What's New
Search Engine
Photo Gallery
Unit History
Unit Honors
Voices Of Past
How To Submit

Up Banks - 1 Banks - 2 Banks - 3


I am submitting this for many reasons. One is because I think it is an incredibly amazing story. Another reason is because I am so very proud of what my Dad did, and lastly it’s a part of the Banks history and heritage. I want my kids and grandkids to know, understand and remember.

Dad had spent time in Ireland and England. He said he was not told the nature of the assignment (June 6, 1944) but he knew and the others knew it was something big. Little did he know he would be jumping on a very historic day. I know little of the details of the day of the jump, how he felt or what he was thinking. He did say many of the men were throwing up in the anticipation of what they were about to do. After he jumped he ran for eighteen hours. In the end he was captured by the Germans. He said the first thing they did was take the fudge my Grandmother (Helen Banks) had sent him. All the places he was forced to go are listed on this site. He never mentioned how he got from prison camp to prison camp, whether on foot or cattle cars. The Red Cross was allowed to bring food in. He even had turkey for Thanksgiving. Even with the Red Cross package, he said he was always hungry and spoke of the winter when they almost froze to death. At one point he volunteered to work in the prison hospital so he could steal food. He also said when he had to carry a German soldier on a cot he made sure he was bounced around quite a bit. As the end of the war was approaching and the Germans knew the outcome, their treatment got harsher.

The Russians liberated his camp. To survive that ordeal was something in itself. Americans were killed. They had to hide in a basement. The Russians were brutal in the way they killed the Germans. They had discovered alcohol and were drinking a lot and Dad was afraid they would start killing Americans just for sport. The American and Russian soldiers stole items from the dead German soldiers. My Dad stole a watch. When he was finally liberated my 6 foot Dad weighed only 90 lbs. He had lice, dysentery and was near death.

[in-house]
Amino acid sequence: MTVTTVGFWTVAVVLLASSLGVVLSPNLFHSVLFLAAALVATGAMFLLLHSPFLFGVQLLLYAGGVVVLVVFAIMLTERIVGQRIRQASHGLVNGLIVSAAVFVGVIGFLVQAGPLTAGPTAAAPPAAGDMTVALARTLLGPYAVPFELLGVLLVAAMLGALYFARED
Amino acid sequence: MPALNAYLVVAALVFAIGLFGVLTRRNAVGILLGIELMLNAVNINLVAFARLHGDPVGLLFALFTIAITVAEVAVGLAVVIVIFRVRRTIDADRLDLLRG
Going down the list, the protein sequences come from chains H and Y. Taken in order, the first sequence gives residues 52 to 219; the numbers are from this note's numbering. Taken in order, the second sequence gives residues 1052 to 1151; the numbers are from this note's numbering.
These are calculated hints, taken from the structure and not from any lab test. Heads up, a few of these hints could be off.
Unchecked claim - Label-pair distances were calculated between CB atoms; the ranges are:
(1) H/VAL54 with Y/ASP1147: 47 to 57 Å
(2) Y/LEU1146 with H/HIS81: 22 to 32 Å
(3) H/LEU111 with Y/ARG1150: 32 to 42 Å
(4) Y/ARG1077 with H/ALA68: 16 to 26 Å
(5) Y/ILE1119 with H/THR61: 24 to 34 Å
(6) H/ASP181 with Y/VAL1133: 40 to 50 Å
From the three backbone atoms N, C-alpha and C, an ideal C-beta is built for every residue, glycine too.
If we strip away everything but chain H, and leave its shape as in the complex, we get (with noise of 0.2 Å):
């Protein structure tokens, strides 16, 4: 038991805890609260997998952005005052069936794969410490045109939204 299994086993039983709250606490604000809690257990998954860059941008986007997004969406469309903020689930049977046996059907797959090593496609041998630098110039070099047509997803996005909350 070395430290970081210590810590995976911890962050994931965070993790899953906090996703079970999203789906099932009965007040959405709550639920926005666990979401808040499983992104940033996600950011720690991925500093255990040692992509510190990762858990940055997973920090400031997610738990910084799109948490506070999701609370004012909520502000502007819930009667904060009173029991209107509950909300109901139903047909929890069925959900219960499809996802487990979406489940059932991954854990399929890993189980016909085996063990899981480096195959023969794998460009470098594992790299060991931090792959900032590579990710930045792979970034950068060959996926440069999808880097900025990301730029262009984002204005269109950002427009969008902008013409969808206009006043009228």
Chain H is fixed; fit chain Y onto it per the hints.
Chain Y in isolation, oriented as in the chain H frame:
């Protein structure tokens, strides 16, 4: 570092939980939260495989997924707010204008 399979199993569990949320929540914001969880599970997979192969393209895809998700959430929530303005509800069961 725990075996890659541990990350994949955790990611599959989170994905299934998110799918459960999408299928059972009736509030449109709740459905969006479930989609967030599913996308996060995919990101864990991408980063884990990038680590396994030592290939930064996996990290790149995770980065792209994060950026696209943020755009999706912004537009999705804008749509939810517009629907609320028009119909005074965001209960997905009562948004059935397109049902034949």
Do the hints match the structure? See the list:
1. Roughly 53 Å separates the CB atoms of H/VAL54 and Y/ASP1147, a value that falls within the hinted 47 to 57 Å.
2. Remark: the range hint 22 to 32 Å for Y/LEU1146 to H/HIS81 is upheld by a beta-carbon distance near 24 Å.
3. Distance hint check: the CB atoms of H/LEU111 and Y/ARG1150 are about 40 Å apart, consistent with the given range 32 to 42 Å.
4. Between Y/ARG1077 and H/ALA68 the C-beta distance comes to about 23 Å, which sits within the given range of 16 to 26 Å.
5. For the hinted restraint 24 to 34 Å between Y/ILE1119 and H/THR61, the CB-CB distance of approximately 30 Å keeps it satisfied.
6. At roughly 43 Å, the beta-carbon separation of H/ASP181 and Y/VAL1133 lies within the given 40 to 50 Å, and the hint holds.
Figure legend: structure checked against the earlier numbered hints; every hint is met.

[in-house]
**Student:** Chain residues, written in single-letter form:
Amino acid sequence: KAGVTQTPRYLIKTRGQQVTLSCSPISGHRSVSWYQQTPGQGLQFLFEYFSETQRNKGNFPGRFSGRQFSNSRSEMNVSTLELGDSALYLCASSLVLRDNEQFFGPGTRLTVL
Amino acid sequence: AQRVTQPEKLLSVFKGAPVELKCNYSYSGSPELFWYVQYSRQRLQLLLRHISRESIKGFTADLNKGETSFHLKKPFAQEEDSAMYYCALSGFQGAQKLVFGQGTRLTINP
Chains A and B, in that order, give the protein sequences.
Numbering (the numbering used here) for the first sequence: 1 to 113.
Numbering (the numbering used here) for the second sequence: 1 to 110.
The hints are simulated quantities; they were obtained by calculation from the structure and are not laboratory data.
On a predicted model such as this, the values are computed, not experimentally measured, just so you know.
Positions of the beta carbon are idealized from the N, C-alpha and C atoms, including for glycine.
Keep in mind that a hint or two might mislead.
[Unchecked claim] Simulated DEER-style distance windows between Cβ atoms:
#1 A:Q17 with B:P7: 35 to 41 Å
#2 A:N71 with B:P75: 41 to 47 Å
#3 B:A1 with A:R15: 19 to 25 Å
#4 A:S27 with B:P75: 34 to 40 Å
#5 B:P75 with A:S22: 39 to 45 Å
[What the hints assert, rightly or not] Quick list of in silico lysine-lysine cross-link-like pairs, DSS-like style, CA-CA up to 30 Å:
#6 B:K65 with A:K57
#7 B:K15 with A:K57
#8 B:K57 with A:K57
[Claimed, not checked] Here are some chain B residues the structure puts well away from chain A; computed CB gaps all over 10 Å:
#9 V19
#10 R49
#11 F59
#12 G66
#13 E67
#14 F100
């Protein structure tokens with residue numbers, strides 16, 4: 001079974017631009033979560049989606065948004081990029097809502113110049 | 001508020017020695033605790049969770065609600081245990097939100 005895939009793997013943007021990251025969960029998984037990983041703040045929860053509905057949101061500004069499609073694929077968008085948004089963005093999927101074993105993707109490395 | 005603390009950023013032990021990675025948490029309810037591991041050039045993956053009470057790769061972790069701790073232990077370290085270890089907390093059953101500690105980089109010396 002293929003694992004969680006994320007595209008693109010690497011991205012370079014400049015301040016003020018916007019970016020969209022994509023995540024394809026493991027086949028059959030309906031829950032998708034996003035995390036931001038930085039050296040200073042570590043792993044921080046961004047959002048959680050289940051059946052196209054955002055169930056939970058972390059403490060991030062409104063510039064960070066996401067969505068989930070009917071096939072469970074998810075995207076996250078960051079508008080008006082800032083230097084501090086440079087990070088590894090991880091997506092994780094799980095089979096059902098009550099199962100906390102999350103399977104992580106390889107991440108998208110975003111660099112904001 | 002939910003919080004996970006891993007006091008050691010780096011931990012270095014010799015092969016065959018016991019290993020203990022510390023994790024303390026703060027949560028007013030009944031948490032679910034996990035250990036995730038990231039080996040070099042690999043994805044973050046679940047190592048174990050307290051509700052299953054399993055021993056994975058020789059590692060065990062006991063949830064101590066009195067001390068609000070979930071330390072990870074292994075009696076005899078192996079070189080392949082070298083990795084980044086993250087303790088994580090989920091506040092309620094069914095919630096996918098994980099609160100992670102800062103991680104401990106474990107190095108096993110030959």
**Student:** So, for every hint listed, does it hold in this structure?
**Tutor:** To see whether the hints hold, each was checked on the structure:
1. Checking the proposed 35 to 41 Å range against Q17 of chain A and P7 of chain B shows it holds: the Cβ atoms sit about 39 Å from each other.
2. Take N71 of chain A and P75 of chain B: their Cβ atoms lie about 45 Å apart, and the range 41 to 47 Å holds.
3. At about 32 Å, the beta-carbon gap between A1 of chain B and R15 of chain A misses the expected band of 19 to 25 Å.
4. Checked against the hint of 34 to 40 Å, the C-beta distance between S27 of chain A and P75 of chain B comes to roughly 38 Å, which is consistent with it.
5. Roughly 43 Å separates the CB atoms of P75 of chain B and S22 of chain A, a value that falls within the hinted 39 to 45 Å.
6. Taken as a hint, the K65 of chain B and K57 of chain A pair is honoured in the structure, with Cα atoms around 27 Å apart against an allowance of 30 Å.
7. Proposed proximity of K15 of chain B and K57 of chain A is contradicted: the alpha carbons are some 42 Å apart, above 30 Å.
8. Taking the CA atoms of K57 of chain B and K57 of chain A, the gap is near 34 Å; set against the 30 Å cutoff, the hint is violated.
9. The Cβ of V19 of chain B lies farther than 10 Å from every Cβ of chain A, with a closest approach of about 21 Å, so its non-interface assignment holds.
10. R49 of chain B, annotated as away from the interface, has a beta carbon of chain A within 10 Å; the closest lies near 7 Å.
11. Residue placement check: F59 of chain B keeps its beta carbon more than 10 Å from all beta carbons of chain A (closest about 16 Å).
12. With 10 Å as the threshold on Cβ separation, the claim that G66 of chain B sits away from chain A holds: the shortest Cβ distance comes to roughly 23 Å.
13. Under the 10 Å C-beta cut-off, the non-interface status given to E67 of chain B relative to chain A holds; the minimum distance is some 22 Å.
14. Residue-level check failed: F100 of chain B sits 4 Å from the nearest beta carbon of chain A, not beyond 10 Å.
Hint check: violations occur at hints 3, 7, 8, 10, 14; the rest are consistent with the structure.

After they were liberated the soldiers had to walk to their freedom. Dad was very sick. He said he had to tell himself, “keep putting one foot in front of the other.” When he could go no further he told the others to leave him behind because he was not going to make it. A Russian woman nursed him back to his health. He joined up with other Americans as he continued his journey to get home. There were about 12 men traveling together. One of the men traveling with my Dad could speak several languages so he was very helpful to them as they made their way to Italy. As he journeyed he traded his boots for bread and stole chickens from farmers.

When he got to a boat in Italy they were not going to let him on the ship because his name was not on the roster of men returning. He lied about his name and got on. After they found out he had just spent 9 months in a German prison camp they treated him very good.

He arrived in the states April 9, 1945. “I was glad to be home, but even more glad just to be alive.”

Penny J. Banks Lane (daughter)

Copyright and all other rights reserved by the Family and Friends of The 508th Parachute Infantry Regiment Association or by those who are otherwise cited,
For problems or questions regarding this web site, please contact